Lucky Two Dollar Bills

When I decided to leave coaching high school speech and debate to go to law school, one of my students gave me a good luck charm. 

David’s in the green shirt, with teammate Jeff looking on, working on our brand new Mac computer in 1994.

David had been one of my debaters since his freshman year.  He loved debate.  Cross-examination debate where you’re teamed with a partner and you argue the same topic for a whole year.  You go to camp the summer before and you cut cards – that means you do a lot of research and compile a filing system of information so you can put your hands on any piece of evidence to refute any possible argument the other side might bring up at a moment’s notice.

At that time, before the advent of laptop computers, all that information you accumulated went into Rubbermaid tubs and you wheeled those tubs around on dollies at tournaments nearly every weekend. 

The rounds of competition lasted around an hour and a half and you were exhausted when you finished.  Just from listening because the teams talked so fast.

I still think it’s one of the most beneficial activities any kid can participate in to develop critical thinking skills. 

And powerful lungs. 

One year David was partnered with Katie, a senior who had already established herself as a force to be reckoned with on the speech and debate circuit.  David was younger, and well, there for a while he was just plain scrawny.  He was wirey, though, and could hold his own with anyone. 

The team nicknamed them “Butch and Scrappy.”

It didn’t take long for teams in our region to learn that they were the team to beat.

At the beginning of the year Katie’s grandfather gave each of them a two dollar bill for good luck and David carried it in his wallet until he graduated.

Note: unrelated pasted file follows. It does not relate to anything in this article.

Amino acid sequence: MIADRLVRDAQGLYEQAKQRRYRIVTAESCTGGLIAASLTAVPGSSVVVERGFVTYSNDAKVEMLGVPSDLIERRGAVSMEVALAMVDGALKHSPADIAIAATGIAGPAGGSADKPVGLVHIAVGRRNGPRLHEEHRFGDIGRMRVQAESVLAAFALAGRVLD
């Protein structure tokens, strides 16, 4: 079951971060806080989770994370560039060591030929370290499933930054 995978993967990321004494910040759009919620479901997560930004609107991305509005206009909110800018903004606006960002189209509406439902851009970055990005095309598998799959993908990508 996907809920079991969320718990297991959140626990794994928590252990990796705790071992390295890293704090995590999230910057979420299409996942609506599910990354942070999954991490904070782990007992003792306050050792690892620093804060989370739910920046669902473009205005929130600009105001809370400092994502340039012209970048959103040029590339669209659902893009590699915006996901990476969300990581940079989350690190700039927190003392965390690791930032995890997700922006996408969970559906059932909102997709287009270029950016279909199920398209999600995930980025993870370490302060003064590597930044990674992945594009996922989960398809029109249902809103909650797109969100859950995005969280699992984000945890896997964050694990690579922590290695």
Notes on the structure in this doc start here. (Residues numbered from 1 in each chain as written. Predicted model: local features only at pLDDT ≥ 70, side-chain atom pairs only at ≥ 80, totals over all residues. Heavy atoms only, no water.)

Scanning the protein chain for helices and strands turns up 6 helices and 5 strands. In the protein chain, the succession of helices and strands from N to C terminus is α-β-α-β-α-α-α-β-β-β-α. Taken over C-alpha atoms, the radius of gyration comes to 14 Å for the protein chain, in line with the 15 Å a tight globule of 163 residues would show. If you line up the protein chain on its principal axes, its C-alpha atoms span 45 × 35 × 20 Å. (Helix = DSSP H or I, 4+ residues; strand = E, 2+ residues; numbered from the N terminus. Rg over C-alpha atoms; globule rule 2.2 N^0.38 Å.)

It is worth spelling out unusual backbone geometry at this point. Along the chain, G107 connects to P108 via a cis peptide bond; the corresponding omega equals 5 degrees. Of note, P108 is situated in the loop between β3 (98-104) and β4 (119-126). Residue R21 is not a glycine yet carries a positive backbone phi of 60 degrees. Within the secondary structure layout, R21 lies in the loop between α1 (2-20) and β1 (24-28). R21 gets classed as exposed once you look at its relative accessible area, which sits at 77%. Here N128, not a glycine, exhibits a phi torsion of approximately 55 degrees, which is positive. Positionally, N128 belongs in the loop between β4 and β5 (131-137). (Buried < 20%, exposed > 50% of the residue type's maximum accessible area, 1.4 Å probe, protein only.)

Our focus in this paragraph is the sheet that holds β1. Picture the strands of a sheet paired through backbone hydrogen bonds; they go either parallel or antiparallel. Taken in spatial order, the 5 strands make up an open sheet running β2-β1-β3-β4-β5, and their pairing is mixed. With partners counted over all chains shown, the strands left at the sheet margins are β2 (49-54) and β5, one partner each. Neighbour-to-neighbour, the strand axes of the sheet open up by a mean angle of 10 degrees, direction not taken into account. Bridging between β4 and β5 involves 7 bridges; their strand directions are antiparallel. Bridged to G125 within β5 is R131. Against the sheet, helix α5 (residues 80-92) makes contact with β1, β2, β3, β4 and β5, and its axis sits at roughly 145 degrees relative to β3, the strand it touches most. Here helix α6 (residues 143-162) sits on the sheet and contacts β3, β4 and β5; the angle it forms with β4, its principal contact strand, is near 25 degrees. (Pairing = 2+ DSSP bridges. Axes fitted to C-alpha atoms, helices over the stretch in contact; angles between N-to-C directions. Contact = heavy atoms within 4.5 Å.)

And then he gave it to me.

It was lucky all right.  I got through law school.

Tomorrow David’s marrying a woman he’s crazy about and I’m just sick that I’m not there in Philadelphia to celebrate with him. 

But it’s just as well. I’d probably make a mess of the salad dressing at dinner.

And I’m keeping the two dollar bill.

Seniors on the Cooper Speech Team who had competed for four years in 1995. From left, Josh Roberts, Jeff Casey, me, Justin Brown, David Register, Erin Kelley, Stephen Sides – and down in front with a stick in his mouth, Charles Walts, otherwise known as ‘Cato.’ 
And here’s the whole team in 1995 – our yearbook picture, thanks to Jennifer Nichols! In this picture are husbands and wives, mothers and fathers, architects, lawyers, doctors, police officers, PhDs and nationally ranked collegiate debate coaches. Most of all, they’re still some of the brightest, sweetest people I know. I’m proud to have ridden on chartered busses with them. I’m proud they were once known as ‘Gary’s kids.’



2 Comments Add yours

  1. Jennifer LeColst Hoye says:

    Ms.Gary, I googled you and FOUND you!

    I am presenting for my Toastmasters club tomorrow and YOU are the topic of my introduction. You left Cooper after my freshman year, I was devastated. You were an amazing teacher and impacted my speaking/life greatly. You left David to keep Karen and I under his wing. Karen and I went to State our first year… we’d say “To Ms. Gary and attempt to cheers those massive totes’ 🙂

    Glad you got through Law School…everyone knew you would!

    1. sallygary says:

      I’m honored to be the intro for your Toastmasters’ presentation! Hope it went well – you’ll have to give us a critique! Sounds like David did an awesome job coaching you, even in his high school days. I was very torn leaving that year to go to law school, but I knew I was leaving you in very capable hands! Congrats on making it to State, and thanks for remembering. Keep in touch!

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